Jalisco State 401/Federal Highway 54 from Zacolaco de Torres to Federal Highway 80

https://flic.kr/s/aHsmLBSina

-  I took Jalisco State 401/Federal Highway 54 out of Zacolaco de Torres north to Federal Highway 80.  Interestingly while Jalisco 401 is signed through much of the route to Fed 80 I didn't see a single Fed 54 sign anywhere.  Fed 54 is only signed from the split at Fed 80 near Acatlan de Juarez.


Federal Highways 80, 15, and 23 to Chapala

https://flic.kr/s/aHsmLBSJCE

https://flic.kr/s/aHsmLBSVg4

-  Nobody wanted to take the D Roads to Chapala which required using Fed 80 east, Fed 15 south and Fed 23 instead.  There is a new junction being built to connect Fed 80 east to Fed 15 which required a U-Turn to get around the closure.  I noted that Fed 15 had numerous speed bumps at major intersections approaching Jocotepec.  I didn't fully follow Fed 23 and detoured through downtown Jocotepec to stop at a park on Lake Chapala.  Fed 23 east of Jocotepec to Chapala was really beat up and was in the process of being repaved, traffic was terrible with the snow bird crowd present.


Unnamed road up El Cerrito off of Fed 54

https://flic.kr/s/aHsmLBV1Cm

-  There is an unnamed cobblestone road which ascends from Fed 54 outside of Zacolaco de Torres to a church on what is known locally as "El Cerrito."  I hiked up El Cerrito on foot to the festival at the church which had some kick ass views off Zacolaco de Torres, Laguna Zacolaco, and Laguna San Marcos.  I drove down in the truck but the column shift wouldn't engage 1st gear which required me to ride the brakes downhill.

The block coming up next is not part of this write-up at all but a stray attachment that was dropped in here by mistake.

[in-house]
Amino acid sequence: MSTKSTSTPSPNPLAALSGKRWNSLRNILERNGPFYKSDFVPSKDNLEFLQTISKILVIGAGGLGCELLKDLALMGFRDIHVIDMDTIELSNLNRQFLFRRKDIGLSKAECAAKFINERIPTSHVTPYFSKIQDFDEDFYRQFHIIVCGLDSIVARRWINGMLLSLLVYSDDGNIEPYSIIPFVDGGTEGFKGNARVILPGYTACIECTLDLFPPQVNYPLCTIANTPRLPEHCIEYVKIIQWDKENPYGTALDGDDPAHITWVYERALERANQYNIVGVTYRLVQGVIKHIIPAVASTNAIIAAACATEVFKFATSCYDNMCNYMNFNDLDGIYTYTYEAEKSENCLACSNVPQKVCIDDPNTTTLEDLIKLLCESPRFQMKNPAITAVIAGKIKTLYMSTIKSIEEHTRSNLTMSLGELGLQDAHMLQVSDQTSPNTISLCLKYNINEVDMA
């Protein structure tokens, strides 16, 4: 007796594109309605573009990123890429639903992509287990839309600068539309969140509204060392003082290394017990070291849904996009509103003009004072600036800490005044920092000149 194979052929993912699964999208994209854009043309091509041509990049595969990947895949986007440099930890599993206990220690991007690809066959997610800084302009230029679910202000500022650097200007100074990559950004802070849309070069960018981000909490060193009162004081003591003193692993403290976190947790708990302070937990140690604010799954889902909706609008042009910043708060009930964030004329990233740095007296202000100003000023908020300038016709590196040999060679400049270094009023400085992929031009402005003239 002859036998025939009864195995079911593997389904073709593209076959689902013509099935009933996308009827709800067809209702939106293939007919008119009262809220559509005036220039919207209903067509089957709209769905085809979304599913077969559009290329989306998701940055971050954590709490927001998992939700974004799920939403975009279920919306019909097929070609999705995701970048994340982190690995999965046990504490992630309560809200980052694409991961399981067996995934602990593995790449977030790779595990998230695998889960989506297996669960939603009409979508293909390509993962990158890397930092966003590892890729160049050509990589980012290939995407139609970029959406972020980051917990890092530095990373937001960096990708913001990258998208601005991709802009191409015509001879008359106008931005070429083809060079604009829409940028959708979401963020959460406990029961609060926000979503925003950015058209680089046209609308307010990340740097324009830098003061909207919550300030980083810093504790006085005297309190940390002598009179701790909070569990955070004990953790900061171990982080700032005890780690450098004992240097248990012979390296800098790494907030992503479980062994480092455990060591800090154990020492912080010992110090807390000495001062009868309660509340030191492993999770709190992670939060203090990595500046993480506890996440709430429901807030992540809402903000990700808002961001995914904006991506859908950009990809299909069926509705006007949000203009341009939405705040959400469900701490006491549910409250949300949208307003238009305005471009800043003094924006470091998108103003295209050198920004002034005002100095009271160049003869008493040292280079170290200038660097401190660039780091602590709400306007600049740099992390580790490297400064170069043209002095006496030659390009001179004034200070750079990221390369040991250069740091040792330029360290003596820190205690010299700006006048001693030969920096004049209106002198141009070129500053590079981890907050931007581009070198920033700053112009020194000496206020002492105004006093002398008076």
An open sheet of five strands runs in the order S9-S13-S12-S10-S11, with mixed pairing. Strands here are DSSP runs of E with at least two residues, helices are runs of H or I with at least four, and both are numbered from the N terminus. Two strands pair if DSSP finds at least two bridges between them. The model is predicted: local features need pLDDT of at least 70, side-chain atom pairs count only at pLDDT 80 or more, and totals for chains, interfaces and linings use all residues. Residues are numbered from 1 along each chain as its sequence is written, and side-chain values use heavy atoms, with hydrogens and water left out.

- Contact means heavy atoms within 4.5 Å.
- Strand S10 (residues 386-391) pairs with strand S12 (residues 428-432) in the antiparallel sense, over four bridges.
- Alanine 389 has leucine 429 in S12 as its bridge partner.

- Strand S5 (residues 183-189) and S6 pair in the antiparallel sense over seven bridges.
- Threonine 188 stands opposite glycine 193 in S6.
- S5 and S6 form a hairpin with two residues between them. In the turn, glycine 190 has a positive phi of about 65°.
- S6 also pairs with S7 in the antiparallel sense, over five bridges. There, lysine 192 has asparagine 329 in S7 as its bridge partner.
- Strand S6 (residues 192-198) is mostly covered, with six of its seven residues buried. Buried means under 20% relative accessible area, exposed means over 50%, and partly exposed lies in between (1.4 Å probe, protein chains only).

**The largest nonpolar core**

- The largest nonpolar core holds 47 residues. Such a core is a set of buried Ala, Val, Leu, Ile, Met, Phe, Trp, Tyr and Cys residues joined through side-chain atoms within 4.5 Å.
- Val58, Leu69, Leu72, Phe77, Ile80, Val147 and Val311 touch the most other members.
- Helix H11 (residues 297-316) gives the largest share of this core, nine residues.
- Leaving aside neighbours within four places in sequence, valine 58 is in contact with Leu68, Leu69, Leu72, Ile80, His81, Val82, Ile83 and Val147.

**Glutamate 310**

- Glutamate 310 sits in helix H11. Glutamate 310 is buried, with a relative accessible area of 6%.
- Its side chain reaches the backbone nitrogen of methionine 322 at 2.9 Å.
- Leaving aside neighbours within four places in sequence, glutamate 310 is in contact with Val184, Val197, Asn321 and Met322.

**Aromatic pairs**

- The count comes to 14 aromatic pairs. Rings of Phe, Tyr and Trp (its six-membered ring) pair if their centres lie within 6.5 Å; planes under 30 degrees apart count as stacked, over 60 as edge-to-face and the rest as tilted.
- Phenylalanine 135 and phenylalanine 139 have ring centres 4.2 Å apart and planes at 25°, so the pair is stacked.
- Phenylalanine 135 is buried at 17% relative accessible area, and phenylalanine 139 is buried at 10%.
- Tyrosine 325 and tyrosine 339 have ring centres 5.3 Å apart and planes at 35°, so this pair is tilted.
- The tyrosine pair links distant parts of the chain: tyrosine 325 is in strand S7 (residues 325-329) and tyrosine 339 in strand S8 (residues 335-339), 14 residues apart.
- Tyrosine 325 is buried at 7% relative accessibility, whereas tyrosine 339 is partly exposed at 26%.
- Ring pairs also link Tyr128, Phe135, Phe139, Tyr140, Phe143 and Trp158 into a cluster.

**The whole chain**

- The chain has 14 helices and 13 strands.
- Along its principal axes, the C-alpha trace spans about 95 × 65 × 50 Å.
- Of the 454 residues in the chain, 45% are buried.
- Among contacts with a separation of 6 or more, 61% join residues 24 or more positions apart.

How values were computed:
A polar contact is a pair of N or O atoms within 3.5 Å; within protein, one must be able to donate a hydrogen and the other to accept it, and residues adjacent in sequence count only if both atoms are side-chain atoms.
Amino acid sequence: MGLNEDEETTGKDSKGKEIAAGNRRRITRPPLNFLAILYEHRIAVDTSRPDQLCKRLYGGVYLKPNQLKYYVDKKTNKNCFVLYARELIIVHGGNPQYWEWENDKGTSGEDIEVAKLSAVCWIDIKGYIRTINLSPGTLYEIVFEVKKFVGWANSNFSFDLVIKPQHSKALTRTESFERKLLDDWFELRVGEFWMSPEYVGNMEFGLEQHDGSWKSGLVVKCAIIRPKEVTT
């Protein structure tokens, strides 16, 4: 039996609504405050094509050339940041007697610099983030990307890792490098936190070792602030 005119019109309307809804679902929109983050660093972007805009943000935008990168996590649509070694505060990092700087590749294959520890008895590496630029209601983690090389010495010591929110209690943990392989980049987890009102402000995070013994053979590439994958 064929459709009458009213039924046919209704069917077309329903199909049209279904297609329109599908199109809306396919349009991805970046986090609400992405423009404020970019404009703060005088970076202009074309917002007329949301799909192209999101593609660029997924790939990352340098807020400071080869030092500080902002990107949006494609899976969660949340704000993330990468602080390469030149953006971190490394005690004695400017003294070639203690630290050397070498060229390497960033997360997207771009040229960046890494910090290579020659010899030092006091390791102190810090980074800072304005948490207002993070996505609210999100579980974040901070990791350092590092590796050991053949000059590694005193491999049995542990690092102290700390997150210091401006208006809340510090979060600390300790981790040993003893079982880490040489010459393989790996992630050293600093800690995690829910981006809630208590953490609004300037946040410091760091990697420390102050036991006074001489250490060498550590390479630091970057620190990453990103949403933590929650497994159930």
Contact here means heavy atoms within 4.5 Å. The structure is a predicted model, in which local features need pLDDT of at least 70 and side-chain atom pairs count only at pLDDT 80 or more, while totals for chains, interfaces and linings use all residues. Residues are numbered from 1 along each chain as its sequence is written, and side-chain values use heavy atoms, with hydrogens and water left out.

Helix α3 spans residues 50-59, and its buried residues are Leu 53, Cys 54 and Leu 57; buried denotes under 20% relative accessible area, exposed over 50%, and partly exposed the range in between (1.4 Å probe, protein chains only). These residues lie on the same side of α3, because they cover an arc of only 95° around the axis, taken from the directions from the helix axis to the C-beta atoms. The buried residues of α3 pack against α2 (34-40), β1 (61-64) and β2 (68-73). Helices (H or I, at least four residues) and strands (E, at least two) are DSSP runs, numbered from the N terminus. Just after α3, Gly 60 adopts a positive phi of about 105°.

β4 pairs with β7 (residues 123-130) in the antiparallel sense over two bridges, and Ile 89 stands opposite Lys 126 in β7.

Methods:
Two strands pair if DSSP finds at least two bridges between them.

Fed 15 and Avenida Adolfo Lopez Mateos Sur to Guadalajara

https://flic.kr/s/aHsmLBVLxM

-  I took the described route above from Fed 80 north into Guadalajara.  Fed 15 essentially is an expressway engineered to it's absolute maximum capacity and probably needs some limited access conversions.  Avenida Adolfo Lopez Mateos Sur continues where Fed 15 splits towards Central Guadalajara but has some kick ass views of the city skyscrapers and a large tunnel. 


Fed 23 from Guadalajara to GAP

https://flic.kr/s/aHsmLBWfJb

-  I more or less snaked my way south out of Guadalajara to Fed 23 and took it back to the airport.  Fed 23 mostly is an expressway but is pretty close in places to being an actual freeway. 


Autopista 54D south over Laguna San Marcos

https://flic.kr/s/aHsmLCbCXB

-  I "accidentally" took 54D south of Fed 80 on the way back from Chapala.  I wanted to see the route of the Autopista over Laguna San Marcos which was actually pretty cool given it had some water in it.  I can't recall if I paid $84 or $88 Pesos but it was worth the detour to get a view of a pretty scenic freeway.  I ended up taking the same at-grade intersection back into Zacolaco de Torres I described above.